1. Apply for a Balance Transfer Card
You may find that it will benefit you to get a balance transfer card, “one where you might pay a fee upfront but in return you will have a very low or zero interest rate for a period of 12 to 18 months,” Clark says.
2. Get a Credit Union Card
Credit union cards typically carry an interest rate that is several times lower than bank-issued credit cards, Clark says.
3. Negotiate a Lower Interest Rate
You also have the option of negotiating a potentially lower interest rate with your current issuer. Clark says: “Tell them you’re going to transfer the balance of this other card that offered you a better rate. Ask them if they can lower your rate or otherwise you’re leaving. And they may in turn lower your interest rate.”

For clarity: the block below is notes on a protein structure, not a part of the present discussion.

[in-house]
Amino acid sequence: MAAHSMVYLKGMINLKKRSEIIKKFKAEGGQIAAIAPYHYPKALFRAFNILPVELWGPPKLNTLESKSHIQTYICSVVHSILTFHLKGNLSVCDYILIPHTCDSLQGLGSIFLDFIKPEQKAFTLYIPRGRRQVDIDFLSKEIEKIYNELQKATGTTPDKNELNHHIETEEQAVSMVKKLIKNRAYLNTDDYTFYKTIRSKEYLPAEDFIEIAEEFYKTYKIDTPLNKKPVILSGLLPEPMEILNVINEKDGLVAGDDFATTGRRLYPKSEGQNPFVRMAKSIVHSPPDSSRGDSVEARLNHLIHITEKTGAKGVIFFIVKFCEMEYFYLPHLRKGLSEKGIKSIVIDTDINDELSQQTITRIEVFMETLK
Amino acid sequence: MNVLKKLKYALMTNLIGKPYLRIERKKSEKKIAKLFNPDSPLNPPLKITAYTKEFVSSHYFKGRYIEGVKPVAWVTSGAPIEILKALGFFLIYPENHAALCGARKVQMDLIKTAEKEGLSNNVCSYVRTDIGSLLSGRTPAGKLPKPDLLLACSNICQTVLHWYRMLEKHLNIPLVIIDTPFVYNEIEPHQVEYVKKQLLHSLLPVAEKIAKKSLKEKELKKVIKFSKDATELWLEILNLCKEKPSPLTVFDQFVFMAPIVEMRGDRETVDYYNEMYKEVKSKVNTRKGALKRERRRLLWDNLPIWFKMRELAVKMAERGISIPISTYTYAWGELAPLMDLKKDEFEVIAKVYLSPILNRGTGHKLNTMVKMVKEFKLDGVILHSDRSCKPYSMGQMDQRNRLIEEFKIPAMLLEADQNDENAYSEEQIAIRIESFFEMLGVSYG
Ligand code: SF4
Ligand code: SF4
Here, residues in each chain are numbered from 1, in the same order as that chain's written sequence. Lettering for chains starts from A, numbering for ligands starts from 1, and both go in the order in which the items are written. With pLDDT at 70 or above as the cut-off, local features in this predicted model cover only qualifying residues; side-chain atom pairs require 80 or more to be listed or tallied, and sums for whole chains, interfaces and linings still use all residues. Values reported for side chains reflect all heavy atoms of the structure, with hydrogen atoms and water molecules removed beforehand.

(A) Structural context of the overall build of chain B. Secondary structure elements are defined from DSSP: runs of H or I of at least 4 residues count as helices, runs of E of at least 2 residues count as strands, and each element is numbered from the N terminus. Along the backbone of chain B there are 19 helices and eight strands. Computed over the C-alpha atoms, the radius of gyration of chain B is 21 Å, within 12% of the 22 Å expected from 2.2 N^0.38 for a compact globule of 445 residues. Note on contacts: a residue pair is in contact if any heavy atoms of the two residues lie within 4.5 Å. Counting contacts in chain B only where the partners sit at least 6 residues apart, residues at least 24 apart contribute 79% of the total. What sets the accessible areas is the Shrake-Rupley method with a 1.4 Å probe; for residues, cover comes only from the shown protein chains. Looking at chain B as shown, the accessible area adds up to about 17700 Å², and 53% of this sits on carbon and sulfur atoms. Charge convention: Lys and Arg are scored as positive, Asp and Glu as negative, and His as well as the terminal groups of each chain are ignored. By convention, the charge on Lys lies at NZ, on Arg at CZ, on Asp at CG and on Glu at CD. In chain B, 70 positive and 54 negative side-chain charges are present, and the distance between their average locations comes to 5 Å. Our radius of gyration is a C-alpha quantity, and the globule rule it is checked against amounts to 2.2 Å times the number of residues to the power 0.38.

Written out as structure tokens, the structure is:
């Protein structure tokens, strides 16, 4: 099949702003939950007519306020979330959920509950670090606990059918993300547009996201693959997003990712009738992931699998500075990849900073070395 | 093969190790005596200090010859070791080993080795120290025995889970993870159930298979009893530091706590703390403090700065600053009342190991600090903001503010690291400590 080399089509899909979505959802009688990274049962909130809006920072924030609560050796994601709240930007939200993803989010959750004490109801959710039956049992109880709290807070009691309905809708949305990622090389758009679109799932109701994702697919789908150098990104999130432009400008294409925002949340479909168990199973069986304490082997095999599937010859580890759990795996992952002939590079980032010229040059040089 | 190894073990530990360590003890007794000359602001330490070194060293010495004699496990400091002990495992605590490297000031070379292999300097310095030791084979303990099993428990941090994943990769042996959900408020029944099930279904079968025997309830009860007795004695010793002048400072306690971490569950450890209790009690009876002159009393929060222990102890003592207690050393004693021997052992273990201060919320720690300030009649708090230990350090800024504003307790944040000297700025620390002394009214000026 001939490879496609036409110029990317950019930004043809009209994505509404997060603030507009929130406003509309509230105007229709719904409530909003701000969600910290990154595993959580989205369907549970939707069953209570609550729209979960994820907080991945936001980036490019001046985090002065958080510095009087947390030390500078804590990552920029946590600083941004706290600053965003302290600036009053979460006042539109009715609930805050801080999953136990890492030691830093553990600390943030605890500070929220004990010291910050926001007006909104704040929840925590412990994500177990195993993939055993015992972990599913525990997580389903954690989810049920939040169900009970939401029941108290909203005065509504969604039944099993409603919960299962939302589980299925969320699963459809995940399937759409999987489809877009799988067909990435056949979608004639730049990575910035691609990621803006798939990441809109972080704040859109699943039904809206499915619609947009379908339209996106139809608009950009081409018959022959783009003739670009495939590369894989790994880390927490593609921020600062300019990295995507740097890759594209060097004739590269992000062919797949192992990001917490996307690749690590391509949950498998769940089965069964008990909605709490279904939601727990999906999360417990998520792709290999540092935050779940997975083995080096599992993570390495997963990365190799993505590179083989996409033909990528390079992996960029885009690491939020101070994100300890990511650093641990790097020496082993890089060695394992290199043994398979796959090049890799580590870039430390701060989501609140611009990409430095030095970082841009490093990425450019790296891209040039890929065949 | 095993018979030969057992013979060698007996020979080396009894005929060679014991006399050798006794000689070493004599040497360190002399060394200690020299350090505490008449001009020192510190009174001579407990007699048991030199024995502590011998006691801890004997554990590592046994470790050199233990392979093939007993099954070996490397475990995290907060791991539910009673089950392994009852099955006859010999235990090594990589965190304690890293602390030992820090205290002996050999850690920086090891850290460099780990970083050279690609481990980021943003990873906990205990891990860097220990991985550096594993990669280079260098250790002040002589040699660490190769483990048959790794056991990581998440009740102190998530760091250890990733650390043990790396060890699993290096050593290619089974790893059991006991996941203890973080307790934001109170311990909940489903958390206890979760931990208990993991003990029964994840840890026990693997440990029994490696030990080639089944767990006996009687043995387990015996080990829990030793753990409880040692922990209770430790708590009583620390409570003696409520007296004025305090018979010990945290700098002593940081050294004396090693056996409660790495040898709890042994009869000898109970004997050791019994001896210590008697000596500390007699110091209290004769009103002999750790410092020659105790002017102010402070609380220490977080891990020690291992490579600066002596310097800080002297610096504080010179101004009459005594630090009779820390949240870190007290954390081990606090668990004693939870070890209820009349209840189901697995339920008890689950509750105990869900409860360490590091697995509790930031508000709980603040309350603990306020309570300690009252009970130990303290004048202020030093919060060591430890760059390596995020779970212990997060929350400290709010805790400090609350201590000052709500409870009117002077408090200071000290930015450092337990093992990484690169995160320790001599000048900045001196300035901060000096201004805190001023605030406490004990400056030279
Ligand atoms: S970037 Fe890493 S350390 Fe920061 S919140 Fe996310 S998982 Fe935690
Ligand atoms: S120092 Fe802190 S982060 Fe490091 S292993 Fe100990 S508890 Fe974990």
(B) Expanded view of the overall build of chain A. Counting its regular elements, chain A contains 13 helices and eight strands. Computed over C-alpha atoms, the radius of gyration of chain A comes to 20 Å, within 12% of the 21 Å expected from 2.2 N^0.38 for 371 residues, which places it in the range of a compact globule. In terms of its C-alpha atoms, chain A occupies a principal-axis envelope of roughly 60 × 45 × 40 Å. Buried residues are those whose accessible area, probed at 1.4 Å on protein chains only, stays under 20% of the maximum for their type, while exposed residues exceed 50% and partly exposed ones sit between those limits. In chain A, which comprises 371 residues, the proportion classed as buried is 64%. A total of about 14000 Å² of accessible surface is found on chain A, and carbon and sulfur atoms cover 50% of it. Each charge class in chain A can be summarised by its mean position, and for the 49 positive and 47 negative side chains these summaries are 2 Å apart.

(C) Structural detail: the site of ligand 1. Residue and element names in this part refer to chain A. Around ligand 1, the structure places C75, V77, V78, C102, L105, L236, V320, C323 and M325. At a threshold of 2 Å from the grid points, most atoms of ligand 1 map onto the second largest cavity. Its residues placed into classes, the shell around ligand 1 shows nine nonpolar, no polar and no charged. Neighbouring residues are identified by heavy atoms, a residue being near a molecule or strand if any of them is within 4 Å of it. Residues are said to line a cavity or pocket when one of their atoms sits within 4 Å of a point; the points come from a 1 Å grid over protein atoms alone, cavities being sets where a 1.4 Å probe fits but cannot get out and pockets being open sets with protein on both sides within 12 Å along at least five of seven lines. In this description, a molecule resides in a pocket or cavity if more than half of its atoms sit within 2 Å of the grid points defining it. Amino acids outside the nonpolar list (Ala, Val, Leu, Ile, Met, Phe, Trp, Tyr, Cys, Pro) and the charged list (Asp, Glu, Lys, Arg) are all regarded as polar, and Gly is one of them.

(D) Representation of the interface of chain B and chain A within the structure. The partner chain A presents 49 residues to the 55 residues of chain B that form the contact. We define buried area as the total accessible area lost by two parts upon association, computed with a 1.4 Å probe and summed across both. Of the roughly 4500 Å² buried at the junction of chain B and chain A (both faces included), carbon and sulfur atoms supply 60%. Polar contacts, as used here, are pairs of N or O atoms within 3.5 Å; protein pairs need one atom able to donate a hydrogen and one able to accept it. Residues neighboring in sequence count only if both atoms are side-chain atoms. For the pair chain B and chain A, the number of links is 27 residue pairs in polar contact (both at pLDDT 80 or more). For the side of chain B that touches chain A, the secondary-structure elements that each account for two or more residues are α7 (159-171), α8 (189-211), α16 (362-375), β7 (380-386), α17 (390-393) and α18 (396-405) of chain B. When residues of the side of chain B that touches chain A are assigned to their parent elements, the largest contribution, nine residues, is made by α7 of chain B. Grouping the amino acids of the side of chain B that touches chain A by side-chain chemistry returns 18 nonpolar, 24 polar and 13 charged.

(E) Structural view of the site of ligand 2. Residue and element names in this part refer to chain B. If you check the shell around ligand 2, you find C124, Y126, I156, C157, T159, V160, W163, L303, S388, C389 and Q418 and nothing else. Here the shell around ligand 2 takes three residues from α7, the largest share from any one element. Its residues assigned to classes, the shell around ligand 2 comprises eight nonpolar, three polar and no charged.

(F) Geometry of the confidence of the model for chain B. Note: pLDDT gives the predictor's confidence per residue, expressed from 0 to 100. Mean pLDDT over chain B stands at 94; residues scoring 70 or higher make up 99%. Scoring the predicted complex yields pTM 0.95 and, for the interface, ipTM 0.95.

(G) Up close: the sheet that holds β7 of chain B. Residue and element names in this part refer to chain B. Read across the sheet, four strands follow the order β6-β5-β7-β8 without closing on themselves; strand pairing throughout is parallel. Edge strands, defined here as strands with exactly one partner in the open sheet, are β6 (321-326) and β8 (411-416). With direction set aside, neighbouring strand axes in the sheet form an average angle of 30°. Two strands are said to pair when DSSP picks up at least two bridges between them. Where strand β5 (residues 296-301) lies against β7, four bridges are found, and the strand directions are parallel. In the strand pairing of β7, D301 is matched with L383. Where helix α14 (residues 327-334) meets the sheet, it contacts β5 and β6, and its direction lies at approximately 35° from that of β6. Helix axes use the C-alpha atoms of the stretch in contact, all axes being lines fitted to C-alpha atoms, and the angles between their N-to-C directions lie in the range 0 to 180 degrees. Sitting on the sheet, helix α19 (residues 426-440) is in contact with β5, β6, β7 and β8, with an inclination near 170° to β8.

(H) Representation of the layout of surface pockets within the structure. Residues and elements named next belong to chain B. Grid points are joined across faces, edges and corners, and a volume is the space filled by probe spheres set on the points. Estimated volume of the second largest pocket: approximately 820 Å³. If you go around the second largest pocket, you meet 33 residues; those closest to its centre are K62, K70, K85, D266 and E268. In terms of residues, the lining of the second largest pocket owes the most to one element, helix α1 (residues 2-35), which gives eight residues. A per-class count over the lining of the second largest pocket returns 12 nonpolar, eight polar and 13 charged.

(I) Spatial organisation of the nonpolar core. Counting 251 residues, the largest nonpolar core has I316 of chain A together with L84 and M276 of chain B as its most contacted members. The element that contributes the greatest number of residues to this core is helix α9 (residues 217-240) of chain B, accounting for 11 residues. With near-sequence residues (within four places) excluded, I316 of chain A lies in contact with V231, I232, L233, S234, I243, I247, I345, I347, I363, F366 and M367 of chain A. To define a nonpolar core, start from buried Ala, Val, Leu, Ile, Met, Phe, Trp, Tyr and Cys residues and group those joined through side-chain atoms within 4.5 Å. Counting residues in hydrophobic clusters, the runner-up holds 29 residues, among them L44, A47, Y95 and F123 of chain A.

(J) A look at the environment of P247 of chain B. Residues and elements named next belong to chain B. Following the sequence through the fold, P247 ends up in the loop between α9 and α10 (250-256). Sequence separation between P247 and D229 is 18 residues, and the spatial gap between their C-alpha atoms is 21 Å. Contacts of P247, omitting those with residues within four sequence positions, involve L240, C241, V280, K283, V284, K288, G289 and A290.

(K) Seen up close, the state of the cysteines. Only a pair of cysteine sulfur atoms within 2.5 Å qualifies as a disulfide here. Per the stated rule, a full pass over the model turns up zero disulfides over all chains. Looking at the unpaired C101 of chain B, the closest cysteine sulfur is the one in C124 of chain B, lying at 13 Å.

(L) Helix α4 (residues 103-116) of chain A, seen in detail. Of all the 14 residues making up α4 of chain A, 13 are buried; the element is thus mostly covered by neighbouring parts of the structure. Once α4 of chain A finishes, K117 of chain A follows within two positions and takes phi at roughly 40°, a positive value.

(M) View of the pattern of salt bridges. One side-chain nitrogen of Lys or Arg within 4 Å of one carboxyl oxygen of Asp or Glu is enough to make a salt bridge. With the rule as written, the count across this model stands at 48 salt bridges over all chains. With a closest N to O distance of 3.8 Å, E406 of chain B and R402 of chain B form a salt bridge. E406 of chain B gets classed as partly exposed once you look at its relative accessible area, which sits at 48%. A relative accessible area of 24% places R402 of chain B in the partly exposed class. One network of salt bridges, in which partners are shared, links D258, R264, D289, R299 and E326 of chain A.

4. Try a Personal Loan Lender
Ather alternative is to look at converting your credit card debt into what used to be known as a “peer-to-peer loan.” There are several online platforms that facilitate making personal loans. Some top lenders that offer debt consolidation are:
“With somebody like Prosper, Lending Club or even SoFi, you move that balance over into a fixed rate that must be paid off over a set term of 24 or 60 months,” Clark says.
Want to reduce your debt with a credit card balance transfer? Here's a step-by-step guide.
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